The COVID-19 pandemic and my rights
Cute, 16, Zimbabwe, speaks up for her rights
To mark World Children’s Day, the anniversary of the UN Convention on the Rights of the Child*, we hear from a girl in Zimbabwe. She knows her rights, she sees and lives the issues that children face and she is calling on governments to do more…
I’m Cute. I know what you are thinking but that is actually my name! I am a 16-year-old girl. I live in a small rural community in Zimbabwe. I live with my mom and my little sister.
My mom is not formally employed like a lot of people in my community. So, the COVID-19 lockdown meant our stall at the local market place was closed. That meant we had no more money coming in and could only afford two small meals per day.
Shortage of clean water is a huge problem in my community. Community wells have dried up and the few boreholes available are simply not enough. As a result, me and my peers wake up as early as 4am to join the long queues at the boreholes. Even then there is no guarantee that you get the water.
A lot of girls my age are abused by borehole queue marshals who ask for sexual favours in exchange for a place in front of the queue. Often, we have no choice but to take the little money we have and buy water instead of food.
That is our right to education gone!
The COVID-19 lockdown meant schools were closed too. Everyone started talking about online education. To access this education, you need a smartphone and funds to pay to access the Internet. For me and my peers, and I know we are in the majority, it is just like pie in the sky. We simply cannot afford it. That is our right to education gone!
I did a little survey after talking to so many young girls who were complaining about sanitary pads. I found out that as much as nine girls out of ten could not afford sanitary pads. They were using unhealthy material out of desperation. I know it might be frowned upon to bring it up to the whole world but to a girl growing up, sanitary pads are an absolute necessity.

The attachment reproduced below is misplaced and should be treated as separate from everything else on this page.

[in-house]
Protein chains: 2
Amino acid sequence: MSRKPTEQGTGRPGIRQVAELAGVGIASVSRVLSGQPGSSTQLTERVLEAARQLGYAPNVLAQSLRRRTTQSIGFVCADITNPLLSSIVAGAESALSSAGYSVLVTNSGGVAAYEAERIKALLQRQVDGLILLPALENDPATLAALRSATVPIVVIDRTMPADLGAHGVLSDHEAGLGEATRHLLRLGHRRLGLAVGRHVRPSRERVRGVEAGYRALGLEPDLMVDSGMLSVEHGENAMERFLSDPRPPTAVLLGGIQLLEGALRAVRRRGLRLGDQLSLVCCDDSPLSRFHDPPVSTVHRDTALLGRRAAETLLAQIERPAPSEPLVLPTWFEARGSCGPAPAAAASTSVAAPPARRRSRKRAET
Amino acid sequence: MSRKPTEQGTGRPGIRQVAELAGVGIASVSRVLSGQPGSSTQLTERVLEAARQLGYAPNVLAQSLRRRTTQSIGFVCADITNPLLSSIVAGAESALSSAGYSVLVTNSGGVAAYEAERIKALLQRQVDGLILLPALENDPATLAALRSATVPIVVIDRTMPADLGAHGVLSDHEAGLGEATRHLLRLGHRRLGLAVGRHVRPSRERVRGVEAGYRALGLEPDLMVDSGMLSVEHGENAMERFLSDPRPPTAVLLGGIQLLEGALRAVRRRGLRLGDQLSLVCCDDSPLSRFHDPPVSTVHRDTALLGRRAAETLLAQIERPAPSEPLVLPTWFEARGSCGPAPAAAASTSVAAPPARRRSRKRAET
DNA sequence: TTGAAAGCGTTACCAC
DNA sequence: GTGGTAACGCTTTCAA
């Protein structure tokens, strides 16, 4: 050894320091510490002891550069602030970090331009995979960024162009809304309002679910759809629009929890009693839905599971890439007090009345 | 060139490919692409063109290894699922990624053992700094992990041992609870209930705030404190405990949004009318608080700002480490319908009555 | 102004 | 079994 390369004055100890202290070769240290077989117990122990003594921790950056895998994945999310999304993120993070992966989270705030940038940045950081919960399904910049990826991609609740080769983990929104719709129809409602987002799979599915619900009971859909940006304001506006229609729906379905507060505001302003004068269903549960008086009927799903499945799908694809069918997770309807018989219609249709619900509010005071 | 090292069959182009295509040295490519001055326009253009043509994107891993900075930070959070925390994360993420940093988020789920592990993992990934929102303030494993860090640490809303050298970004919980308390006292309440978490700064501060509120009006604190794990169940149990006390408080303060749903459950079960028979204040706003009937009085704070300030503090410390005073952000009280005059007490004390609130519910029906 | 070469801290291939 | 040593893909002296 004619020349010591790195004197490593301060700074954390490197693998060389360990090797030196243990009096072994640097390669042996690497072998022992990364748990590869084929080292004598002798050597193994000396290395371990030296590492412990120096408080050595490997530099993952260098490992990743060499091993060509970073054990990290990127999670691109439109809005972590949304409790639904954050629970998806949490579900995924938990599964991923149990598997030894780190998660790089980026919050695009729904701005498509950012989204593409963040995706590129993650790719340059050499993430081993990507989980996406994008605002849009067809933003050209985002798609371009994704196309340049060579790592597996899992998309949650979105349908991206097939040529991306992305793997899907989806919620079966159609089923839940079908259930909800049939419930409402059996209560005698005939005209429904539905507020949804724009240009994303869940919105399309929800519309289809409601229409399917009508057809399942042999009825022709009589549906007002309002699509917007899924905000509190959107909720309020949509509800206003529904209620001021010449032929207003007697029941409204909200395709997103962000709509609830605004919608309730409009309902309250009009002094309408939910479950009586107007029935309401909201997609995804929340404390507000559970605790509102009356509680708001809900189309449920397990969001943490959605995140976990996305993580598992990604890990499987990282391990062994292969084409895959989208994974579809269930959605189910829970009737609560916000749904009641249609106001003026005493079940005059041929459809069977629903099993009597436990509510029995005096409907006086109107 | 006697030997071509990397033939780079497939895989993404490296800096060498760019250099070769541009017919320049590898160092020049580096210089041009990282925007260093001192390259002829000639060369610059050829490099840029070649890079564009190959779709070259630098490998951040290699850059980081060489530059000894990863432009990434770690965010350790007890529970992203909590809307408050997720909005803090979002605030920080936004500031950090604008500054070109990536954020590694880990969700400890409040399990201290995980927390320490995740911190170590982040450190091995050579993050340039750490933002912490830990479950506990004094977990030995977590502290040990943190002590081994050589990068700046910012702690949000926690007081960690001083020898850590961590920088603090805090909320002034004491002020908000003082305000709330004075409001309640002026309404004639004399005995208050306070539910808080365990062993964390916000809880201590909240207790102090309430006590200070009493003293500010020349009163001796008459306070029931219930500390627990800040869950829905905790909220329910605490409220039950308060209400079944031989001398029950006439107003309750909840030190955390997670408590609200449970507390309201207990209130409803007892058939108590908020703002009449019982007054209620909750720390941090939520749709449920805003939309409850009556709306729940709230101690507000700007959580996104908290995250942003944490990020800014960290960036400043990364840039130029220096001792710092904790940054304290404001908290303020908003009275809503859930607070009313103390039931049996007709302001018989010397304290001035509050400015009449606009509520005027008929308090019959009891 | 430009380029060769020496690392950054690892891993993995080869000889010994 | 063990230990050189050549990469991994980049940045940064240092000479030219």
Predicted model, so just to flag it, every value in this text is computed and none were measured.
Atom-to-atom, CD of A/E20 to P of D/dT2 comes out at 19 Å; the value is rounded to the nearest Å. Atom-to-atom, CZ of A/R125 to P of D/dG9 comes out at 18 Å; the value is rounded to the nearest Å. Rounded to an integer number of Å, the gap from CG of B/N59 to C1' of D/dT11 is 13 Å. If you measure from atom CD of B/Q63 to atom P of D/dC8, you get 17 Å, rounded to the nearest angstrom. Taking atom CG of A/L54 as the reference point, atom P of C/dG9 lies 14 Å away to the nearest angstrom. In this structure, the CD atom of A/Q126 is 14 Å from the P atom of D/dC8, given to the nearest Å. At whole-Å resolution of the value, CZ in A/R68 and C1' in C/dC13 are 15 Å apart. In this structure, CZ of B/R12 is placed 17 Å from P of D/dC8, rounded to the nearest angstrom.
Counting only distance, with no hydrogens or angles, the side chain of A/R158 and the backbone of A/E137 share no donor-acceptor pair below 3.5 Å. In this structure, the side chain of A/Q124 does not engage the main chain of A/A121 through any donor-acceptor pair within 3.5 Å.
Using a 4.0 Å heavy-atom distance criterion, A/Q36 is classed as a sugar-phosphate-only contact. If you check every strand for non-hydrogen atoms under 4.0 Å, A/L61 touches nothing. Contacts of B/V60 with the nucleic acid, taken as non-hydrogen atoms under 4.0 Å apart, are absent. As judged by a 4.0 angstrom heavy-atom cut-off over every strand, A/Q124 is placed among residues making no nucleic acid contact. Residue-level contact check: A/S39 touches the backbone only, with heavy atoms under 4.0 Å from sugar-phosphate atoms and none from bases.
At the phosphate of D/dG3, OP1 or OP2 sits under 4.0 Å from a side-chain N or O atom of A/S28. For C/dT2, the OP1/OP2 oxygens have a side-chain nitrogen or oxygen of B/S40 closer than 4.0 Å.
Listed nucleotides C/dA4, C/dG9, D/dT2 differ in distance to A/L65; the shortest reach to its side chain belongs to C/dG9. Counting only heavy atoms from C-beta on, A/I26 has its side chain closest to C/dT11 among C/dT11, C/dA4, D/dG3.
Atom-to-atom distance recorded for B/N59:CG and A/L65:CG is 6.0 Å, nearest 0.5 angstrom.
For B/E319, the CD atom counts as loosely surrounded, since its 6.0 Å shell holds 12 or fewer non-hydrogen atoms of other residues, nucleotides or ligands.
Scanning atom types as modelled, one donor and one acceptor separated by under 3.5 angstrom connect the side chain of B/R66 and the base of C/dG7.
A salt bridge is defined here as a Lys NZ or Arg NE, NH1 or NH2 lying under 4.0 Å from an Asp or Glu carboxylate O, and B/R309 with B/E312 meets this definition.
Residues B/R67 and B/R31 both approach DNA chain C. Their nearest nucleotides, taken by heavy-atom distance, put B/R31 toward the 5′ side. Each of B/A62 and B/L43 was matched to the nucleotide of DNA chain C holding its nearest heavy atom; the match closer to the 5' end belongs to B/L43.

I found out that as many as nine girls out of ten could not afford sanitary pads.
Due to these problems a lot of children have turned to drug abuse and child prostitution. It is a desperate situation and most children have lost hope. The world talks about the COVID-19 lockdown in order to avoid infection and possible death. How does that make sense to children who do not know if there will be food to eat tomorrow and could die from hunger anyway?
Help us sink more boreholes. It is urgent and should be a priority! I see so many expensive cars driven by council officials and I just wonder how many boreholes the value of just one car could provide?
To the leaders of the world:
The next time you lockdown the world, please put aside just a little bit of money aside to help families who can no longer help themselves.
Please make the access to education on the internet available to us all so that we all can benefit, rich or poor.
Lastly, please helps us with sewing machines, material and training and we can make our own reusable pads at school and provide enough supply for all girls in our community.
A big hug to every child struggling every day to keep hope of a better future alive. The future is ours!
Cute, 16, speaks out for herself and her peers on the issues that affect their lives and their futures.
Thirty-one years ago, world leaders made an historic commitment to the world’s children by adopting the United Nations Convention on the Rights of the Child. This international agreement – based on the Declaration on the Rights of the Child written in 1924 by Save the Children’s founder, Eglantyne Jebb – has helped transform children’s lives around the world.
But still not every child gets to enjoy a full childhood.
Save the Children is a member of the Joining Forces Alliance — an alliance of the six largest child-focused organisations. We are united to end violence against all children and secure the rights of every child — and we mark World Children's Day together.
Find out how Save the Children is supporting children through our Save Our Education campaign.
Originally pubished as part of the Joining Forces initiative. Visit the Joining Forces website.